Accessibility of green spaces in the conditions of a compact city: case study of Kyiv

Keywords: urban green space, compact city, daily rest, buffer approach, assessment of pedestrian urban green space accessibility


Purpose. The goal of the study is to develop an algorithm for assessing urban green space (UGS) accessibility in conditions of a compact city with high-density development by the example of Kyiv.

Methodology. The research technique provides for spatial and quantitative analysis of UGS distribution within city limits by using OpenStreetMap, Google Map geospatial data and the QGIS software. The pedestrian accessibility to greenery is determined as the distance walked from the residential building to the nearest green space. If the average speed of walking of all age groups is taken to be 3 km/hr, then 10 minutes are needed to cover a distance of 500 m, and 20 minutes, for 1,000 m. To account for curved paths and obstacles (buildings, fences, motorways), UGS were surrounded with buffer areas 300 m and 700 m wide. This equals the walking distances of 500 and 1,000 m respectively.

Results. We plotted on the map all available UGS within Kyiv limits, determined their total area and found a very uneven spatial UGS distribution in different city districts. Then we found the average provision of each Kyiv resident with greenery of all kinds, including not only parks, mini parks, and urban forests, but also cemeteries, flowerbeds and grass lawns, separate street bushes and trees, and roadside hedgerows.

Based on the data of the number of buildings and the population density within Kyiv’s residential development area, we calculated the actual provision of Kyiv residents with UGS of all kinds, and with greenery suitable for daily recreation. In so doing, we found that the provision of UGS, where short-term recreation is possible, is significantly smaller in area per head of population as compared to an identical indicator calculated for greenery of all kinds. This is confirmed by the built map charts.

Using the buffer approach, we determined the shortest distances to be covered to reach a UGS nearest to a residential building. Independently, we measured pedestrian accessibility to any green cover in Kyiv and UGS accessibility for public use, which are suitable for daily recreation in different Kyiv micro districts. The findings yielded a significant difference in these indicators.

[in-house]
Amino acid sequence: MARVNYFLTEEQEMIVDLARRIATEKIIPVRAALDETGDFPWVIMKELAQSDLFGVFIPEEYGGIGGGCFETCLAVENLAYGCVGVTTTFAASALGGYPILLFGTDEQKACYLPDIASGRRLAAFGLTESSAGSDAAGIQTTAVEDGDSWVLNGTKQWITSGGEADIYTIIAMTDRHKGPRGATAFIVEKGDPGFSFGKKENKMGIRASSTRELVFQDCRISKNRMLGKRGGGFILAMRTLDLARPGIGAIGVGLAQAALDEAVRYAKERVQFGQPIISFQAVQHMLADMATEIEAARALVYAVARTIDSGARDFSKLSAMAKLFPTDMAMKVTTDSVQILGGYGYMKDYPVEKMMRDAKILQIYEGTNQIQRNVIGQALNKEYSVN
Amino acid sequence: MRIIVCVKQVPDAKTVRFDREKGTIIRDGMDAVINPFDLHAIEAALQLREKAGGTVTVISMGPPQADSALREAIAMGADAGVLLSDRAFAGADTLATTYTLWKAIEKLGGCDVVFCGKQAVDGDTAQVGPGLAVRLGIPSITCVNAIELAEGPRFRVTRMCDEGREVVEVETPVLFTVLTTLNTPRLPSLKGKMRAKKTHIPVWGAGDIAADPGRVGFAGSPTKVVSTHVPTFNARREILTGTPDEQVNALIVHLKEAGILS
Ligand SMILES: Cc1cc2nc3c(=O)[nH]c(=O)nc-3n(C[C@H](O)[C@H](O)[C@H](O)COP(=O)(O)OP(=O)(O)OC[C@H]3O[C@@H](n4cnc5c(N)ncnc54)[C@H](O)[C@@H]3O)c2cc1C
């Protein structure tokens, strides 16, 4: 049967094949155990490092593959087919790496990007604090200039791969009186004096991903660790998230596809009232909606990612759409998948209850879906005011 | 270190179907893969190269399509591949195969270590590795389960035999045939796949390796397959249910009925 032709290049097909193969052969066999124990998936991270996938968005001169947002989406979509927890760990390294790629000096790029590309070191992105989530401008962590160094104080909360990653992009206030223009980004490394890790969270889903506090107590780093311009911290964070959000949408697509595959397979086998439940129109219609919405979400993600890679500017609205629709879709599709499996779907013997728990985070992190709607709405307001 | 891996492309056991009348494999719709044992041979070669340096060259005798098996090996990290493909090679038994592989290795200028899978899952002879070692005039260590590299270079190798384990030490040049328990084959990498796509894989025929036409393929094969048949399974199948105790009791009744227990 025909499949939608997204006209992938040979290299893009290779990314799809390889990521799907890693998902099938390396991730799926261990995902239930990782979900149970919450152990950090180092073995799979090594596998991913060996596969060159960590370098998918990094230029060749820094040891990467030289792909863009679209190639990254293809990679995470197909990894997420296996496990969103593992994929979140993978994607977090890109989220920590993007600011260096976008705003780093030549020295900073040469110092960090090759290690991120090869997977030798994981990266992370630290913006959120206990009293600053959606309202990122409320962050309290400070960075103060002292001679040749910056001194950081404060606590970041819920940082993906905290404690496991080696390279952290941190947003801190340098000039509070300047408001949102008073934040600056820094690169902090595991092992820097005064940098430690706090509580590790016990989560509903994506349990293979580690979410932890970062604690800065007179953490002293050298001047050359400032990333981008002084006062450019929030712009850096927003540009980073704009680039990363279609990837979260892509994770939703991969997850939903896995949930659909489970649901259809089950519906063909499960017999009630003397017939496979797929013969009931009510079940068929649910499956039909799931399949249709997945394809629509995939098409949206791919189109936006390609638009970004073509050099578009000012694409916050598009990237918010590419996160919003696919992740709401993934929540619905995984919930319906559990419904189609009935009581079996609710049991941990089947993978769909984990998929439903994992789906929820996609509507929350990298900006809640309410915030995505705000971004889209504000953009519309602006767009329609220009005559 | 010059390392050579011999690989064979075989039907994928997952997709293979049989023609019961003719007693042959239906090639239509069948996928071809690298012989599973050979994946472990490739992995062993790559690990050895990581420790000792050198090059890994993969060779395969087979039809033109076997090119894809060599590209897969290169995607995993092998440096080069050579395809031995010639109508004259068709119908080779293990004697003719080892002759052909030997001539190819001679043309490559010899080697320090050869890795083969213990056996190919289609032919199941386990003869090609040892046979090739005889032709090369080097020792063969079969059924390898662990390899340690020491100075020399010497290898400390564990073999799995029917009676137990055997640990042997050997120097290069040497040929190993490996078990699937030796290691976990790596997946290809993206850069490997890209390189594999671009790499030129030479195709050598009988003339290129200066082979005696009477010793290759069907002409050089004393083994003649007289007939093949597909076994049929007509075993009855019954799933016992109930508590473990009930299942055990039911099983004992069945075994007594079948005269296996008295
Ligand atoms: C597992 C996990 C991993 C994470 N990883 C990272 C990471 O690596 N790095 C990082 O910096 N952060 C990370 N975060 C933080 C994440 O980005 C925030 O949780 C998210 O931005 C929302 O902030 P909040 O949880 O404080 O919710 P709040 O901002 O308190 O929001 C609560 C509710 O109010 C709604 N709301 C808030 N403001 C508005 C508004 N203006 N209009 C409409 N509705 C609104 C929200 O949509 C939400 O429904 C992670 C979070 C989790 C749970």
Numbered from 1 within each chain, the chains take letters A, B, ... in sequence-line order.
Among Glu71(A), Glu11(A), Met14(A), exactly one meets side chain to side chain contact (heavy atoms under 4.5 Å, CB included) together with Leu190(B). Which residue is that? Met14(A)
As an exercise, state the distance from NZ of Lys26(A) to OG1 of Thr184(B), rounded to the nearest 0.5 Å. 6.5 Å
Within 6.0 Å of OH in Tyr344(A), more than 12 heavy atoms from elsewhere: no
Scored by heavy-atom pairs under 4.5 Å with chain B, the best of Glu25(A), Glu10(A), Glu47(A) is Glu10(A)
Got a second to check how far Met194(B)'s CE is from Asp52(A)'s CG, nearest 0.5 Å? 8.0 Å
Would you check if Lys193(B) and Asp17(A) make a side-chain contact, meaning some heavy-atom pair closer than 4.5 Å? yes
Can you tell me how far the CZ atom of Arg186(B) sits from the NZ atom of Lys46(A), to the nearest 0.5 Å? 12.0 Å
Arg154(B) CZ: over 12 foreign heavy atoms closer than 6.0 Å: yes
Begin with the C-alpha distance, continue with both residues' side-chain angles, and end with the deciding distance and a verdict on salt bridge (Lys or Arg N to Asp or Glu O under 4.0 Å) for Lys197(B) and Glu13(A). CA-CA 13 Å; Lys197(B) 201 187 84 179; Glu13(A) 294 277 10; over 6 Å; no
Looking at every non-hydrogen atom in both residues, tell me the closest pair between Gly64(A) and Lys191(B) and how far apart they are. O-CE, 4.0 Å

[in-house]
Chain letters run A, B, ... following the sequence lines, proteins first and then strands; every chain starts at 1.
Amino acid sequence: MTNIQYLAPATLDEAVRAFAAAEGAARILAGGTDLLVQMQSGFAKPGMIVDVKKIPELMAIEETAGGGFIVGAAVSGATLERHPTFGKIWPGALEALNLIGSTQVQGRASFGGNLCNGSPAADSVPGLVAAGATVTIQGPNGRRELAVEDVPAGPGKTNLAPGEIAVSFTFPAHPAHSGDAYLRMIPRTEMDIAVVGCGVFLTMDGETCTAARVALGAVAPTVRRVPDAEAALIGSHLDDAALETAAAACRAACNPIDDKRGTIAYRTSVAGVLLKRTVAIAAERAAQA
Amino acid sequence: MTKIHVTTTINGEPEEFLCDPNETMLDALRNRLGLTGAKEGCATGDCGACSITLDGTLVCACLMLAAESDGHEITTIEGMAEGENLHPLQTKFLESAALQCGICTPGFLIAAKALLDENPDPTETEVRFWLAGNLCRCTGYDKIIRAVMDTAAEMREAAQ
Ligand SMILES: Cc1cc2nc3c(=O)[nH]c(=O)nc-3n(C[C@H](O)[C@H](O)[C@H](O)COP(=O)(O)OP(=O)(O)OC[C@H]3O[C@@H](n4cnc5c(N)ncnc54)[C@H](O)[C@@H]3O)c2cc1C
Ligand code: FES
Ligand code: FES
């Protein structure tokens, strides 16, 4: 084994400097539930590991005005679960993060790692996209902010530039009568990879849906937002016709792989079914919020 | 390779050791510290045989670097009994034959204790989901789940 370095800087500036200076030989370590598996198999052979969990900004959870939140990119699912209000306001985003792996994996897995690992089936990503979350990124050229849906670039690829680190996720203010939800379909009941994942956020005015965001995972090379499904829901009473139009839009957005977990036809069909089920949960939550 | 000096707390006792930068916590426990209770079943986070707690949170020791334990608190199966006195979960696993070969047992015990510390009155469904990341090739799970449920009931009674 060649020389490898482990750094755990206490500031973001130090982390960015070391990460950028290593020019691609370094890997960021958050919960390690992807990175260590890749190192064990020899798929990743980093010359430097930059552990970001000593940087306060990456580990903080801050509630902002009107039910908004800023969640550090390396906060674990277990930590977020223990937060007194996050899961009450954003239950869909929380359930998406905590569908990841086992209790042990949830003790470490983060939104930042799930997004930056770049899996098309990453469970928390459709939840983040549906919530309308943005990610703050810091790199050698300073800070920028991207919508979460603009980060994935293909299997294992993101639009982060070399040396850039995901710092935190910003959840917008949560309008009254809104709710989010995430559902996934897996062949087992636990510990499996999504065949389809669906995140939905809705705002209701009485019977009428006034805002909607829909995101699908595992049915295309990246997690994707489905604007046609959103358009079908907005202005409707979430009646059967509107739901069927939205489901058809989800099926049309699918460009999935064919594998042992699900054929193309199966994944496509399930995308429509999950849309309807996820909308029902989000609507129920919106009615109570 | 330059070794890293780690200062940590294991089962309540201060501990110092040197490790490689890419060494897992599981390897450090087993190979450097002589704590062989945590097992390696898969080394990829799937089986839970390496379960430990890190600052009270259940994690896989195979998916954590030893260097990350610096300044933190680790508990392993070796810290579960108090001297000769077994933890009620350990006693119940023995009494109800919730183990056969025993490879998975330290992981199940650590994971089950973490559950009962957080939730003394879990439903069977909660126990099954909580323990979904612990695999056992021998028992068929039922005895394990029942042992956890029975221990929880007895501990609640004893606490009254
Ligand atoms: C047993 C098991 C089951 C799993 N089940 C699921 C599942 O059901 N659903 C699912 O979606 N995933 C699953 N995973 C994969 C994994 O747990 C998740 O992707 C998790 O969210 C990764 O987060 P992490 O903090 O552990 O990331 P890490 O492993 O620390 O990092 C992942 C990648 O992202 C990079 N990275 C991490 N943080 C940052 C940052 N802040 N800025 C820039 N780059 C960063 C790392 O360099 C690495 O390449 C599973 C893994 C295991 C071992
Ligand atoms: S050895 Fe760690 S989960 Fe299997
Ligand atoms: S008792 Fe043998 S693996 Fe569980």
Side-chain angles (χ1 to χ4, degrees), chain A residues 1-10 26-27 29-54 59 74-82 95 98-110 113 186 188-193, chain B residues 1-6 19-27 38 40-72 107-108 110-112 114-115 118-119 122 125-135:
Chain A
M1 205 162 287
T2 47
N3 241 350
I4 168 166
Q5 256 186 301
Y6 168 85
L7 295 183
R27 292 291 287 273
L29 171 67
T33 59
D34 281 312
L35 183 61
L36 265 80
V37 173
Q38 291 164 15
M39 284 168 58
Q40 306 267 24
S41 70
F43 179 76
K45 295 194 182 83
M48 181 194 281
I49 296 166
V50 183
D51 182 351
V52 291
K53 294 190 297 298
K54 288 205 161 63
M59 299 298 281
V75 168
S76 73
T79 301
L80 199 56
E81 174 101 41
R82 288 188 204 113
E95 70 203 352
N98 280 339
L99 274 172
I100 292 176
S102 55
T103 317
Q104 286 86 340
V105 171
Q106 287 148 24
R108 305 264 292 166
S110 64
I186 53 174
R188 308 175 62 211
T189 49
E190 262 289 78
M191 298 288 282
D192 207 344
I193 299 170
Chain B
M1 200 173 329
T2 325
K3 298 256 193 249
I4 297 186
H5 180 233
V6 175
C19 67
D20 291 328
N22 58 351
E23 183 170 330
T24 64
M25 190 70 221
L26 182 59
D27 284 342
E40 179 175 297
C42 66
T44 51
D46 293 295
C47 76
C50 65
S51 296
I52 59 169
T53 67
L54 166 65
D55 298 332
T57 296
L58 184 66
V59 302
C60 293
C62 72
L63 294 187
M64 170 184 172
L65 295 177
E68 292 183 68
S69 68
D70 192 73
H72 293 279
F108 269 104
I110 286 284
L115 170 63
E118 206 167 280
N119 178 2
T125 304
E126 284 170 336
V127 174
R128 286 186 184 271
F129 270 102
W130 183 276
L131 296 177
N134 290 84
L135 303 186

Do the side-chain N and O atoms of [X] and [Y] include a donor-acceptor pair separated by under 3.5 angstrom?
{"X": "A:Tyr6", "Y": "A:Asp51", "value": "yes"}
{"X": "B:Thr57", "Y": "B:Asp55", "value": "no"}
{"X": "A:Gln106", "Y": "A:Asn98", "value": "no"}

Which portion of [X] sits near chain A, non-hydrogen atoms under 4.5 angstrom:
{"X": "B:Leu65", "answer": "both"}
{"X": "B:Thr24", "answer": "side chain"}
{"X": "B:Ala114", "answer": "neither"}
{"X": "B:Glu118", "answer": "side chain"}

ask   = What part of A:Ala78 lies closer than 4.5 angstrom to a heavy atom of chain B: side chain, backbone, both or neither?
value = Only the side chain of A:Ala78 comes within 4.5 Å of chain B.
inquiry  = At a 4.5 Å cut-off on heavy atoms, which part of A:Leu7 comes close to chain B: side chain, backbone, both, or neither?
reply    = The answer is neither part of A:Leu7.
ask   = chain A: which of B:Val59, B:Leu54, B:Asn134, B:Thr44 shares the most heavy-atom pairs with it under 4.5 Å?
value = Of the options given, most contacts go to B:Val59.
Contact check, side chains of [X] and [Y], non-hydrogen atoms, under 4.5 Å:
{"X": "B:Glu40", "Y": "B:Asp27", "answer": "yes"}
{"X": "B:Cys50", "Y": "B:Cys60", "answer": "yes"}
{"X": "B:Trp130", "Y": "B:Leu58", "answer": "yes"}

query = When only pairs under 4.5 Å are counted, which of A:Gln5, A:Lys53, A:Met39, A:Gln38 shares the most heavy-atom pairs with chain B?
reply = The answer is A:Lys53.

According to the calculations of UGS accessibility of all kinds, Kyiv really looks like a “green” city where almost in all the developed territories the distance to the nearest UGS is within 1,000 m. However, an assessment of the accessibility to greenery suitable for short-term daily recreation is indicative of a deficiency of UGS in at least eleven residential complexes in the city. All the locations with different UGS accessibility are also plotted on relevant map charts.

Scientific novelty. The study has shown that only 45.4% of Kyiv residents are provided with high pedestrian accessibility within a distance of 500 m to UGS for daily recreation. The residents of different age and social groups who, within a 1-km radius, have no access at all to any recreation site make up 15.5% of Kyiv residents. Substantial disproportions in UGS accessibility were also found in different administrative districts and residential complexes. This is indicative that the management of the entire city’s green infrastructure is not perfect.

Practical importance. The algorithm for assessing green space accessibility that was developed and tested for Kyiv can be used for any compact city. This will help city planners to identify accurately the micro districts and other locations requiring priority planting of greenery.


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Author Biographies

Petro Shyshchenko, Taras Shevchenko National University of Kyiv

DSc (Geography), Professor

Olena Havrylenko, Taras Shevchenko National University of Kyiv

PhD (Geography), Associate professor

Yevhen Tsyhanok, Taras Shevchenko National University of Kyiv

PhD Student


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How to Cite
Shyshchenko, P., Havrylenko, O., & Tsyhanok, Y. (2021). Accessibility of green spaces in the conditions of a compact city: case study of Kyiv. Visnyk of V. N. Karazin Kharkiv National University, Series "Geology. Geography. Ecology", (55), 245-256.